“This increase in infection really was predicted two, and especially one, year ago when we had heavier rains and mild springs,” said Matteo Garbelotto, Adjunct Professor with UC Berkeley. At that time, SOD Blitz surveys conducted by citizen scientists in participating communities were finding increases in symptomatic California bay laurel leaves (the primary host for disease spread and often the precursor to oak and tanoak infection), confirming that Phytophthora ramorum (the pathogen known to cause SOD) was spiking in activity in conjunction with optimal weather conditions. SOD Blitzes, combined with the aerial surveys, validate our theory that SOD outbreaks are driven by wetter than average conditions and are initiated by bay laurel infection. Bay laurel infections cannot be detected by aerial surveys, but require an on-ground survey like the SOD Blitzes, which now are proven to provide an early warning (1 year, maybe more) for oak mortality outbreaks. Early detection is crucial to pathogen containment and possibly local eradication attempts.”
Most of the key results of the 2012 SOD Blitzes concern the establishment of the pathogen in urban or residential areas. Burlingame Hills, a residential area in the North Peninsula, had a staggering 48 percent of positive samples. The west side of the East Bay revealed high levels of bay infection comparable to those normally observed at the onset of oak mortality outbreaks, indicating the disease in these urban areas has rapidly transitioned from arrival (reported in 2011) to an epidemic phase. This year, P. ramorum levels are high enough that oak and tanoak infection in the SOD Blitz-sampled residential areas of Pinole, East Richmond, Kensington, North Berkeley, Claremont, and Piedmont is extremely likely, making preventive disease management options urgently needed to protect oaks and tanoaks both in private and public spaces. SOD Blitz results from the east side of the East Bay confirmed that the pathogen is well established in Moraga and approaching Lafayette. “All of the above are very significant infestations,” commented Garbelotto. “Whenever you are dealing with populated areas, concerns over failing trees potentially harming people or property, as well as the loss of property value and aesthetics, can be very challenging.”
Additional urban outbreaks were detected in Santa Cruz, Carmel Valley Village, and most notably, in Golden Gate Park, where three trees were found to have SOD in a southwestern sector of the park. Golden Gate Park was the site of another SOD finding several years ago, but in a completely different section several miles away. Park managers and researchers are intensifying the survey in the area and deciding what steps can be taken to stop its spread in the park.
An unexpected, but encouraging SOD Blitz result, was the absence of positives in the Atherton area, where an outbreak had been detected during the 2010 and 2011 SOD Blitzes, and where local residents have attempted to eradicate what appears to be a discrete urban infestation located a significant distance from any other wildland infestations. “Early detection and community involvement makes all the difference in success. The pathogen was detected early thanks to a local SOD Blitz, allowing the community to respond with swift decisiveness. The apparent absence of the pathogen in 2012 may suggest that the eradication effort has been successful, but such success can be confirmed only by continuing the monitoring efforts which, in turn, may provide early detection of future new infestations as well,” said Garbelotto.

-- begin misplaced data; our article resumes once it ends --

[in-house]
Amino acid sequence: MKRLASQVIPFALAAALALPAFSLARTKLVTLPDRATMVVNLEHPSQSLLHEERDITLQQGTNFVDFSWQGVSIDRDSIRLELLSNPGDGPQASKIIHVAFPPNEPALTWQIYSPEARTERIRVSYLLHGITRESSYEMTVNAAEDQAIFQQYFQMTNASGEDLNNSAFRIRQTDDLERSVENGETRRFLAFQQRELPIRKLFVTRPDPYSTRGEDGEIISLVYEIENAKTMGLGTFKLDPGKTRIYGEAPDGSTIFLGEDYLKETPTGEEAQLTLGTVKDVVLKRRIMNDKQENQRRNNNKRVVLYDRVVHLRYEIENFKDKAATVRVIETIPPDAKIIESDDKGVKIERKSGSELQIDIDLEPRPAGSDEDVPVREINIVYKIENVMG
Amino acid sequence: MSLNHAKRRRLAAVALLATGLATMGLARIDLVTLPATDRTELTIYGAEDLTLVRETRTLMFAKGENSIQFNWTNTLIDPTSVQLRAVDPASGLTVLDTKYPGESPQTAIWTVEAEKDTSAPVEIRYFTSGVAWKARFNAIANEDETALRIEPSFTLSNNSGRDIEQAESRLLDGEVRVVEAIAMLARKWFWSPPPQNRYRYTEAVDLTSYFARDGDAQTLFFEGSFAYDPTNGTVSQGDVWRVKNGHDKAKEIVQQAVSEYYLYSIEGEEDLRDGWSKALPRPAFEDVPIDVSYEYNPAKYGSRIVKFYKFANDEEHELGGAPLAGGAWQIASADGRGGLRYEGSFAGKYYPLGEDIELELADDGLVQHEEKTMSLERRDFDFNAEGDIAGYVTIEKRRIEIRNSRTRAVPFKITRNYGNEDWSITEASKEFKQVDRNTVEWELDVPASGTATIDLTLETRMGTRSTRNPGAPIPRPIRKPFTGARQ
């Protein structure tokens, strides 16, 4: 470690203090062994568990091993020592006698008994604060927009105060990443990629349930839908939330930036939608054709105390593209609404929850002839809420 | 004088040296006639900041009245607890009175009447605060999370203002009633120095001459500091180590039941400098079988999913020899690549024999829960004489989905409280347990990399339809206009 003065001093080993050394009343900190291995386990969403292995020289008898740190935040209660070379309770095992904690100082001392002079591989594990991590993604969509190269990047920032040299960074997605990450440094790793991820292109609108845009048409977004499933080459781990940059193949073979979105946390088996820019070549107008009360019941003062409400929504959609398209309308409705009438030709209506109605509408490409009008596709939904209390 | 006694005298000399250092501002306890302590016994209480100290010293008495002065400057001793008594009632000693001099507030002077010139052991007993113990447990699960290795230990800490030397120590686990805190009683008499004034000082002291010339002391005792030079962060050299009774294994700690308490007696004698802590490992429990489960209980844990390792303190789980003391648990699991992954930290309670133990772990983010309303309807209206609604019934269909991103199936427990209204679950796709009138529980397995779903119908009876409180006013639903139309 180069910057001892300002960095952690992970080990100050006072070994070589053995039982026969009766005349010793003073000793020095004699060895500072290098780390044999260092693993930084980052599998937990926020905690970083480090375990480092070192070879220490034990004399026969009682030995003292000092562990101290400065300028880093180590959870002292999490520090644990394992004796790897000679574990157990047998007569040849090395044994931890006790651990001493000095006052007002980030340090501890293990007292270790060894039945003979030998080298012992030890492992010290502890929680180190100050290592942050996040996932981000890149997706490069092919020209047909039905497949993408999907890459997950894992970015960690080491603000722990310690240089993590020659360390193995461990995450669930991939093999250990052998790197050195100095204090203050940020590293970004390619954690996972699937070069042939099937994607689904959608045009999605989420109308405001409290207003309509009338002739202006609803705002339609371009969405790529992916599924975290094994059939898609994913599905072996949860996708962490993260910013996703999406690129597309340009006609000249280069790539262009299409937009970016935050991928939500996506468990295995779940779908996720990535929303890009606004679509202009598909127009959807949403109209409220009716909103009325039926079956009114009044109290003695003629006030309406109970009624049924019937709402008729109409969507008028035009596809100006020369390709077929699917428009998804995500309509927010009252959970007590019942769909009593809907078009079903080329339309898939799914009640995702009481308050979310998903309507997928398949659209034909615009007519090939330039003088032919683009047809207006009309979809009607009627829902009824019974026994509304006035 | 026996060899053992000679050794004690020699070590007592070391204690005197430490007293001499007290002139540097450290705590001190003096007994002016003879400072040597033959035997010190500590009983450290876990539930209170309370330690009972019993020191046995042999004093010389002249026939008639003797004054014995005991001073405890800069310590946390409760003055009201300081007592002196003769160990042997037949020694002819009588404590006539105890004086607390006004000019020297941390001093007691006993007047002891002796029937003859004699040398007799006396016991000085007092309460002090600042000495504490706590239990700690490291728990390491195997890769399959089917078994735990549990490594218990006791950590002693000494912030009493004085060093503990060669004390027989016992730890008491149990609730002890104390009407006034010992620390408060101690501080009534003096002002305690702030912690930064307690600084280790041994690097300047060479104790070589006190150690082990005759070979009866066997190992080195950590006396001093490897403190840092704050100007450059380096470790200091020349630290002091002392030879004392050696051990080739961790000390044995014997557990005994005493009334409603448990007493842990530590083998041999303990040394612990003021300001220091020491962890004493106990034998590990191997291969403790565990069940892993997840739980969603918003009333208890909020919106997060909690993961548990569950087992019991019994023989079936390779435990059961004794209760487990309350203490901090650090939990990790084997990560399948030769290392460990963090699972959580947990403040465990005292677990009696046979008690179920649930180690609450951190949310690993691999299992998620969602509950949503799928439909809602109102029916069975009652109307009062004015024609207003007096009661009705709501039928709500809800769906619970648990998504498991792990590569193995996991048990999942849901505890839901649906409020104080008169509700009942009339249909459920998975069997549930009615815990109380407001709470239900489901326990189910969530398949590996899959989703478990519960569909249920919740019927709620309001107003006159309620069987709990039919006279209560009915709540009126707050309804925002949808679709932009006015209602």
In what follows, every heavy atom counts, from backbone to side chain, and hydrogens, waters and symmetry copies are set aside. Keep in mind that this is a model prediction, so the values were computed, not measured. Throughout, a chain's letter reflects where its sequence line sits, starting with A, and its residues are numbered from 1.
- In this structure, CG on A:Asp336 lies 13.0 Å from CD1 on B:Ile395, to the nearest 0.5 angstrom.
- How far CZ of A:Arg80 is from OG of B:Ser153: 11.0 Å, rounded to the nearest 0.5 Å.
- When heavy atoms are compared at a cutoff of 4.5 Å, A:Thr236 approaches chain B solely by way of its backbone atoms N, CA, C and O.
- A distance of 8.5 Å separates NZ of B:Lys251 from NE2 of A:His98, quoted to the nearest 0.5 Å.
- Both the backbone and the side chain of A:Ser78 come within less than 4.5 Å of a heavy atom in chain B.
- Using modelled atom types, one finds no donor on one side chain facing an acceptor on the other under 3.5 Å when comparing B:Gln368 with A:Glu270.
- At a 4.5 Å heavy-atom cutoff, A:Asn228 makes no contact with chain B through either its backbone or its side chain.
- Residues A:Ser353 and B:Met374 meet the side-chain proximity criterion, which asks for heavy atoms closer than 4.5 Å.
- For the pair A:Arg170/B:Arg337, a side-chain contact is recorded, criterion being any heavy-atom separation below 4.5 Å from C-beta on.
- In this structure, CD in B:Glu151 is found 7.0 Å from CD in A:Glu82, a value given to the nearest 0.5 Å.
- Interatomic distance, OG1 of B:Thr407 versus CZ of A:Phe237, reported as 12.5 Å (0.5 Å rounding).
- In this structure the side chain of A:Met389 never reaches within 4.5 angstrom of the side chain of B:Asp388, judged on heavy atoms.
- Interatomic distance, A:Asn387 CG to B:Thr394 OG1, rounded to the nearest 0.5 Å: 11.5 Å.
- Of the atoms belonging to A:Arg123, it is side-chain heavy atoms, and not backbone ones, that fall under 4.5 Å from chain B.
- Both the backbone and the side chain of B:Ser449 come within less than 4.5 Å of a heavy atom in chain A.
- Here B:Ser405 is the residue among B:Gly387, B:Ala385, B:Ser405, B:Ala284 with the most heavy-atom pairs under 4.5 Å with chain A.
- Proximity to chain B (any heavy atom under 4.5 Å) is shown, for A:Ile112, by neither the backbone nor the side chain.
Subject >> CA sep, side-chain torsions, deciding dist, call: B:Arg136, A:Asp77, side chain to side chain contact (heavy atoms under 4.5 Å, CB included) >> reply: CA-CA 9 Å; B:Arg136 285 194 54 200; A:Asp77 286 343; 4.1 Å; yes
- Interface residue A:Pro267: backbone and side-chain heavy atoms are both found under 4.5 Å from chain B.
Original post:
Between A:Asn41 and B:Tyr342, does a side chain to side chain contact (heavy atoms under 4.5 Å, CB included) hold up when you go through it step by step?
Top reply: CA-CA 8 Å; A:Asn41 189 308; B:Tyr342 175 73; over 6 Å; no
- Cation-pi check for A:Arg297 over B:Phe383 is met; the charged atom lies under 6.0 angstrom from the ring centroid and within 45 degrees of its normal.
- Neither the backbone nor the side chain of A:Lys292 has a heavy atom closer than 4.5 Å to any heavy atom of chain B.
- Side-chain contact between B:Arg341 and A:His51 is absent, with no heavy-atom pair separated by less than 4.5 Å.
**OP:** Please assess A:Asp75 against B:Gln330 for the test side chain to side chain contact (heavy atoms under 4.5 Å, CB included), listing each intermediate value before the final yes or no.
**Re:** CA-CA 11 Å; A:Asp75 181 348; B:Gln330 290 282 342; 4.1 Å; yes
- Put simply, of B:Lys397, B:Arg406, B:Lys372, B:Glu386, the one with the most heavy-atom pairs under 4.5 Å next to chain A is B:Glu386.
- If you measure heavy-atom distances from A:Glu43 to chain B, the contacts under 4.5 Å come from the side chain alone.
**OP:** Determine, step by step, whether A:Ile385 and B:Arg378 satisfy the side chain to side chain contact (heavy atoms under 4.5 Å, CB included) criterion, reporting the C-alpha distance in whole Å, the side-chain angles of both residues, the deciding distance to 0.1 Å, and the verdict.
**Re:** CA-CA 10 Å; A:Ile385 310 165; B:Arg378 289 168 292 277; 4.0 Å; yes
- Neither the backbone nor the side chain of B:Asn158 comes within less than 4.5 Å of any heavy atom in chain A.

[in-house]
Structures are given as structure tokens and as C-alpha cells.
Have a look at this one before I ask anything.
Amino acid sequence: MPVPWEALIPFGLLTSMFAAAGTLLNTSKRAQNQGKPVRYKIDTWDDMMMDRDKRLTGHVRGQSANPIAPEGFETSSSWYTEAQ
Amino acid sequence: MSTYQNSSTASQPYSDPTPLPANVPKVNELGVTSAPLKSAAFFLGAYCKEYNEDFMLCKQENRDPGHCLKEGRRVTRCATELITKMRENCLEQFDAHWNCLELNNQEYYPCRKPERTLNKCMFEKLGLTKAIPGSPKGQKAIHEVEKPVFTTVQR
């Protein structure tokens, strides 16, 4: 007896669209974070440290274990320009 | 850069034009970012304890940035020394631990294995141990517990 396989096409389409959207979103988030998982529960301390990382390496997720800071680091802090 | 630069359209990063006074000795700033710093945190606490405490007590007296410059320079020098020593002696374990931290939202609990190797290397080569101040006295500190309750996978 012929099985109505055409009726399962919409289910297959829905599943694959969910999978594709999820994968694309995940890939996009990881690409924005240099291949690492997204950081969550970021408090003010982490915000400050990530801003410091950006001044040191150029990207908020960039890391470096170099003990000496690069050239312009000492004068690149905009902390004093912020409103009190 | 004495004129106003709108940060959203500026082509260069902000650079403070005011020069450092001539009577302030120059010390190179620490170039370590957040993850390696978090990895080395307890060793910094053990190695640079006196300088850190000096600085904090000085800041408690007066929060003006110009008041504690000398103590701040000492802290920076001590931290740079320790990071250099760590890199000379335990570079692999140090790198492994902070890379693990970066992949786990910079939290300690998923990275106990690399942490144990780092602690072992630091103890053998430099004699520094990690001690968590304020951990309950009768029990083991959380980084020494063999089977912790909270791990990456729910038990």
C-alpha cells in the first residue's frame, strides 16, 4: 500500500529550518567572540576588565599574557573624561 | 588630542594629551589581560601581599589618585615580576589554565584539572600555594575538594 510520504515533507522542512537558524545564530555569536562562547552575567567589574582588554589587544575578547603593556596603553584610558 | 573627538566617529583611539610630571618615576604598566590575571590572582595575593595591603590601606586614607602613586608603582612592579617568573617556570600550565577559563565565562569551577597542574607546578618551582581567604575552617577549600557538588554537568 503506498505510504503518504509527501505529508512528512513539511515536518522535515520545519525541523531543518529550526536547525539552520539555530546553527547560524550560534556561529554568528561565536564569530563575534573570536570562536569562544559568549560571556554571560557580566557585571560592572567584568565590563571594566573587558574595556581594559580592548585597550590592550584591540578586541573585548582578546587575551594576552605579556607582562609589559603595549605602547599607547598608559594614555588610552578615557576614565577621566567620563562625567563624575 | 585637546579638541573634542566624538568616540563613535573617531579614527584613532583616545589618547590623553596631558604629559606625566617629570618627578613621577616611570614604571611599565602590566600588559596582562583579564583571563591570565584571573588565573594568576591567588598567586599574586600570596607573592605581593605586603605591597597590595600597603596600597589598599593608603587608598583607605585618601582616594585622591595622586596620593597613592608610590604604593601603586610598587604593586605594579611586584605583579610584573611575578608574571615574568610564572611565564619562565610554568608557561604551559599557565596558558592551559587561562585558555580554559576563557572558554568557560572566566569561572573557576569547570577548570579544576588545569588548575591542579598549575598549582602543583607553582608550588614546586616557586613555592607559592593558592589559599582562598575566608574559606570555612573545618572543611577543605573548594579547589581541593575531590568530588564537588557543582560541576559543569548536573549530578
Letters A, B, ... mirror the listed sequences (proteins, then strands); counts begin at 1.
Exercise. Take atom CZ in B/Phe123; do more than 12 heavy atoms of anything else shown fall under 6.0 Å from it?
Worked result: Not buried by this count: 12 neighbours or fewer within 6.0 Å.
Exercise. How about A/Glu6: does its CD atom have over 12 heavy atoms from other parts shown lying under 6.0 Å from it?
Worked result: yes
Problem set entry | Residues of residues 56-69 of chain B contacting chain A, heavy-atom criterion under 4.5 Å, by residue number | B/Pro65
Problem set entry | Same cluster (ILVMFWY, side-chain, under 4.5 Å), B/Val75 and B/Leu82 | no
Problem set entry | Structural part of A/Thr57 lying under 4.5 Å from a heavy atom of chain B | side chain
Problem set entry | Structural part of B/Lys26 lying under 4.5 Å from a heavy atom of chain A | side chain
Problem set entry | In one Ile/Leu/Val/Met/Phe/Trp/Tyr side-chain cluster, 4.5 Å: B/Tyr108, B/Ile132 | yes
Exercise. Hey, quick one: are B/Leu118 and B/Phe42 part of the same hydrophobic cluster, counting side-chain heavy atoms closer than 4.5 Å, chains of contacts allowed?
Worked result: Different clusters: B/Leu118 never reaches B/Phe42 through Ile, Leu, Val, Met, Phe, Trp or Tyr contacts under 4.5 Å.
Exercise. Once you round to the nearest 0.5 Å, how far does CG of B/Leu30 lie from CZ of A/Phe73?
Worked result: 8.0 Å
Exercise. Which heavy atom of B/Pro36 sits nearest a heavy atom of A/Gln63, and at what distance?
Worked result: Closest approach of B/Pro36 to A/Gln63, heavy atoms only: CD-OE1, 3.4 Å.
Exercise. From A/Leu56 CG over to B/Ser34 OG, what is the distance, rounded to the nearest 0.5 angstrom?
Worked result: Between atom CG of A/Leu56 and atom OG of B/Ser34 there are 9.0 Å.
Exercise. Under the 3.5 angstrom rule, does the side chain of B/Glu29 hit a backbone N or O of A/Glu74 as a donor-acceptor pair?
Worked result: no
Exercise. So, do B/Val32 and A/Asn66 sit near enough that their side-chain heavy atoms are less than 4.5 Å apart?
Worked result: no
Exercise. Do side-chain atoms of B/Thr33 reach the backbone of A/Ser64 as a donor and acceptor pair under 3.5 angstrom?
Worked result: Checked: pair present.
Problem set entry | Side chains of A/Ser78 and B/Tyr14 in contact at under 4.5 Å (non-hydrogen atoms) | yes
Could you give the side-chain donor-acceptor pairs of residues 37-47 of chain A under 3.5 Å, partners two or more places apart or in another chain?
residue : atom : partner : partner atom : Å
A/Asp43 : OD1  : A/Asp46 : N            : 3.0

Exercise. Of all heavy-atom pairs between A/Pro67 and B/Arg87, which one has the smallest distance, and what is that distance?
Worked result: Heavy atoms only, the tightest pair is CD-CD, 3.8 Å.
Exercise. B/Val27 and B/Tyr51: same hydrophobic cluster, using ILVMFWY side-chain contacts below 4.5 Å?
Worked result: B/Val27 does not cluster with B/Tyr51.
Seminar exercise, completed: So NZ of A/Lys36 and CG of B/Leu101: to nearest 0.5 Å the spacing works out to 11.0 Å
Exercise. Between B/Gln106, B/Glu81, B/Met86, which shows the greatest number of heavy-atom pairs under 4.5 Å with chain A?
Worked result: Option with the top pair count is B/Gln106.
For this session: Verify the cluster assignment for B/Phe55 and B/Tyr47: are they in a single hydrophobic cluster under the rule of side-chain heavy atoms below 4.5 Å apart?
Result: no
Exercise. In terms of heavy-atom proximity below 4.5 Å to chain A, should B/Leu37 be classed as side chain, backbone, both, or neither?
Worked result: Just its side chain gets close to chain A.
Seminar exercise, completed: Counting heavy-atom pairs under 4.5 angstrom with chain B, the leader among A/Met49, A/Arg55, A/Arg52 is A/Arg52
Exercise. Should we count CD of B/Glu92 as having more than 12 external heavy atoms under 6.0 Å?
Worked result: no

A total of over 10.000 trees were surveyed in 19 SOD Blitzes organized throughout Northern California in the spring of 2012 and engaged over 500 volunteers. The community-based outreach program is coordinated by local organizers in cooperation with UC Berkeley, and endorsed by the US Forest Service, the Gordon and Betty Moore Foundation, and the National Science Foundation. Participants are trained to identify SOD symptoms on California bay laurel and tanoak leaves and to properly collect samples and record their locations during the 2-day surveys. Within 48 hours of collection, samples are processed by the Garbelotto lab to determine the presence or absence of P. ramorum, and results are published on a map early in October.
The maps are used to determine local risk of infection for oaks and tanoaks in affected California counties and also provide the backbone of SODMAP, a comprehensive distribution map of the disease in California. Current P. ramorum distribution maps for San Mateo, Santa Cruz, Santa Clara, Monterey, Alameda, Contra Costa, San Francisco, Marin, Sonoma, and Napa Counties are now available at www.sodmap.org, and can be used by community members to see how close SOD may be to any given property. It is highly recommended that oaks and tanoaks within a half mile from confirmed outbreaks be treated to prevent infection.
Community members living in areas known to be infested are encouraged to attend one of the many free sessions organized by UC Berkeley in various SOD-impacted locations throughout October and November. Sessions will show attendees how to correctly use the distribution maps, determine risk of infection for their oaks and tanoaks, and learn science-based recommendations to help prevent and manage SOD.
SOD is a serious exotic disease that is killing tanoak and oak species in California. Currently it is found in the wildlands of 14 coastal California counties, from Monterey to Humboldt.